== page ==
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Forgive me for writing about religion and the total solar eclipse two weeks in a row, but I couldn’t resist highlighting an interesting religious freedom fight centered on access to the astronomical event.

The battle started when New York’s corrections department announced that incarcerated individuals would need to stay inside during the eclipse. Six inmates at Woodbourne Correctional Facility filed a lawsuit challenging the policy, arguing that it violated their religious freedom.

They said the lockdown violated “inmates’ constitutional rights to practice their faiths by preventing them from taking part in a religiously significant event. The six men include a Baptist, a Muslim, a Seventh-Day Adventist, two practitioners of Santeria, and an atheist,” The Associated Press reported.

The men wanted to participate in a variety of religious activities, including prayer.

“In statements filed in court, the six inmates explained why the solar eclipse would be an important occasion for their respective beliefs: as a time to perform a special Muslim prayer, a spectacle evoking a scene from the New Testament, and a gathering to celebrate science and reason,” The Washington Post reported.

Rather than defend the policy in court, corrections department officials reached a settlement with the six men, agreeing to allow them to be outside during Monday’s total solar eclipse.

The “settlement with the state (allows) the men to view the solar eclipse ‘in accordance with their sincerely held religious beliefs,’” per The Associated Press.

An attorney for the six inmates told The Washington Post that she’s hopeful the lawsuit and settlement will help other incarcerated individuals access religious accommodations.

Fresh off the press

‘We serve an unbelievable God,’ says Dawn Staley after South Carolina claims championship

How faith shaped Caitlin Clark’s rise to fame

Why Indiana’s abortion ban (still) can’t be enforced against some people of faith

What kinds of statements about the Israel-Hamas war should be protected speech?

Florida will vote on abortion in November

Term of the week: Mission to Seafarers

Mission to Seafarers is an international organization that provides spiritual and emotional support to people who work on boats. It also addresses practical concerns by, for example, providing access to Wi-Fi and toiletries.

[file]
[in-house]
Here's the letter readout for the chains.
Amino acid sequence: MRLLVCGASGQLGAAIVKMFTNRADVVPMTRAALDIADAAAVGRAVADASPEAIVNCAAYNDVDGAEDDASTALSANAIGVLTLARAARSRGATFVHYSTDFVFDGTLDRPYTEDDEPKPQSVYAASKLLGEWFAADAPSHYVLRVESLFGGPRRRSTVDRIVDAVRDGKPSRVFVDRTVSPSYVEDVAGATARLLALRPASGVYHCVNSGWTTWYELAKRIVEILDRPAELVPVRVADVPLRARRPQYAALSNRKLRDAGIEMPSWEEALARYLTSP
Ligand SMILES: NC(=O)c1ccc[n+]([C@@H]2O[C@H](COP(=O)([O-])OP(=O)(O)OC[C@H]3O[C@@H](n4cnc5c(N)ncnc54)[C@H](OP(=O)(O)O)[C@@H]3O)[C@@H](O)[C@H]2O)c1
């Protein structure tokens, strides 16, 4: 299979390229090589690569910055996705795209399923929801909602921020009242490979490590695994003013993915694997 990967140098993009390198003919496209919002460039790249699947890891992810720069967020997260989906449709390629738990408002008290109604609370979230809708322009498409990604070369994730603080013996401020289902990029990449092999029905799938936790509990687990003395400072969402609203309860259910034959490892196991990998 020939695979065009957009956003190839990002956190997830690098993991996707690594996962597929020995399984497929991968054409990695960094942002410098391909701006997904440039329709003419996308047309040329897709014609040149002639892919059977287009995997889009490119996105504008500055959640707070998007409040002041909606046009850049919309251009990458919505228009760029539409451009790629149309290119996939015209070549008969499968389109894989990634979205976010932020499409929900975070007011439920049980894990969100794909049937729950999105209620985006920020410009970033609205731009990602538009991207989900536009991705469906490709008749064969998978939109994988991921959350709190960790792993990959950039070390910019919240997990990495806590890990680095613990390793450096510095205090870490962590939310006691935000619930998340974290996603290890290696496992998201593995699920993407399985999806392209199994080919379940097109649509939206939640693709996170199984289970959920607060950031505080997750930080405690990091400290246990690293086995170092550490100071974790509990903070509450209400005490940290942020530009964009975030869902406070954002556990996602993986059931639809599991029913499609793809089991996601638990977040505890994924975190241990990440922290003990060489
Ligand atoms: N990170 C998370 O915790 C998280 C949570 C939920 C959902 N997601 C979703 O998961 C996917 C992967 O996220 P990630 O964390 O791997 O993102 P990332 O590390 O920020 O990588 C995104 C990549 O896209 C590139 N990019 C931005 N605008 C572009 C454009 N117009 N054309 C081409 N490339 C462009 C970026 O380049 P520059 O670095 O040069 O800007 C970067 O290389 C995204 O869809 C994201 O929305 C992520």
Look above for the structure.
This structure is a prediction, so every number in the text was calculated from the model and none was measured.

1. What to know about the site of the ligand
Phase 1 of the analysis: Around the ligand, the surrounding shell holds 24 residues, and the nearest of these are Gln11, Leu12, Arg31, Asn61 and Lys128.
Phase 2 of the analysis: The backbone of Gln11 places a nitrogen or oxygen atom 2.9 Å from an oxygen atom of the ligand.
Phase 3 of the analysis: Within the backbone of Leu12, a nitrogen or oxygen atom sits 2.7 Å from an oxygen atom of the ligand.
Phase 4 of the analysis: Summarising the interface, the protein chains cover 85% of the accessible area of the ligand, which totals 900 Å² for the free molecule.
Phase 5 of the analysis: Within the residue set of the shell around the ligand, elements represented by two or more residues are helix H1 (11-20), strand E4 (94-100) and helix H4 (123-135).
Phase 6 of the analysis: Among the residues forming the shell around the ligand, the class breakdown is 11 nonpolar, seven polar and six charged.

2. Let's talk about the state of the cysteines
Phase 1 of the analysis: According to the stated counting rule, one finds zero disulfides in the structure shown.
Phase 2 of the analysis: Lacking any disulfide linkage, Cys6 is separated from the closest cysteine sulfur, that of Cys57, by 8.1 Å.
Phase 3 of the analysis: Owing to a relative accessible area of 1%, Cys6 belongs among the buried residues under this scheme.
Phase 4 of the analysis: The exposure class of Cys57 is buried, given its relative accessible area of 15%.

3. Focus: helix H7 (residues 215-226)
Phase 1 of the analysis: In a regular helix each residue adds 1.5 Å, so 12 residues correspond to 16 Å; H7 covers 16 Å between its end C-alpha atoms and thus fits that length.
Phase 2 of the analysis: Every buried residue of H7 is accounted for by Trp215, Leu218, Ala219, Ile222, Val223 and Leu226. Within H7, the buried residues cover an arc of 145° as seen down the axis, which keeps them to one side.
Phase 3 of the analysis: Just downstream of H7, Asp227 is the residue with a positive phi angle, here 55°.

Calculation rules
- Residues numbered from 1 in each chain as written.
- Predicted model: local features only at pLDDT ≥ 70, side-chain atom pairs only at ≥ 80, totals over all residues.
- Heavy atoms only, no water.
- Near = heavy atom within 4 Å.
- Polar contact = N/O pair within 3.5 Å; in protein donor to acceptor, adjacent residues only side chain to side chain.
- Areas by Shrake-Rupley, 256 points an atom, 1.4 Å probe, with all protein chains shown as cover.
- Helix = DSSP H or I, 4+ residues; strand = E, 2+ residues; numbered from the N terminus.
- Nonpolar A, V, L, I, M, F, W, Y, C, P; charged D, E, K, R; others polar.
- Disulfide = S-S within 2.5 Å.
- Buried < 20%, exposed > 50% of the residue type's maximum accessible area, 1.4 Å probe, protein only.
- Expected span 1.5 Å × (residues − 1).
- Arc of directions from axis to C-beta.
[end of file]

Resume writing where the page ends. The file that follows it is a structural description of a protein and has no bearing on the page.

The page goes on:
A group affiliated with Mission to Seafarers has been working in Baltimore with seafarers affected by the Francis Scott Key Bridge collapse. Baltimore International Seafarers’ Center has helped sailors take part in Holy Week worship services and find familiar foods from their home countries, according to Religion News Service.

The crews of eight large ships, including the Dali ship that ran into the bridge, are stuck in Baltimore amid the bridge cleanup, the article said.

What I’m reading...

If you enjoy my story about Caitlin Clark’s religious background, check out my colleague Krysyan Edler’s article about UConn’s Paige Bueckers.

The Atlantic’s Derek Thompson cut through the noise surrounding new research on religious disaffiliation with an essay titled “The true cost of the churchgoing bust.” His argument is that declining church attendance hurts all of us by reducing community mindedness.

Young men and women who hope to become Catholic priests or nuns can face a major financial obstacle: student loans. Religious orders often require potential members to pay off their debts before joining, but that effort would take years if the young people were left on their own. Instead, they can seek out help from some specialized nonprofits, according to The New York Times.

Muslim soccer players in France struggle to fast during Ramadan because of the French soccer federation’s controversial approach to religious expression. The Associated Press recently reported on the religious freedom dispute.

Odds and ends

I stumbled on a tricky quiz from The New York Times about literary references. I’d be embarrassed to tell my former English teachers that I only got six right out of 12.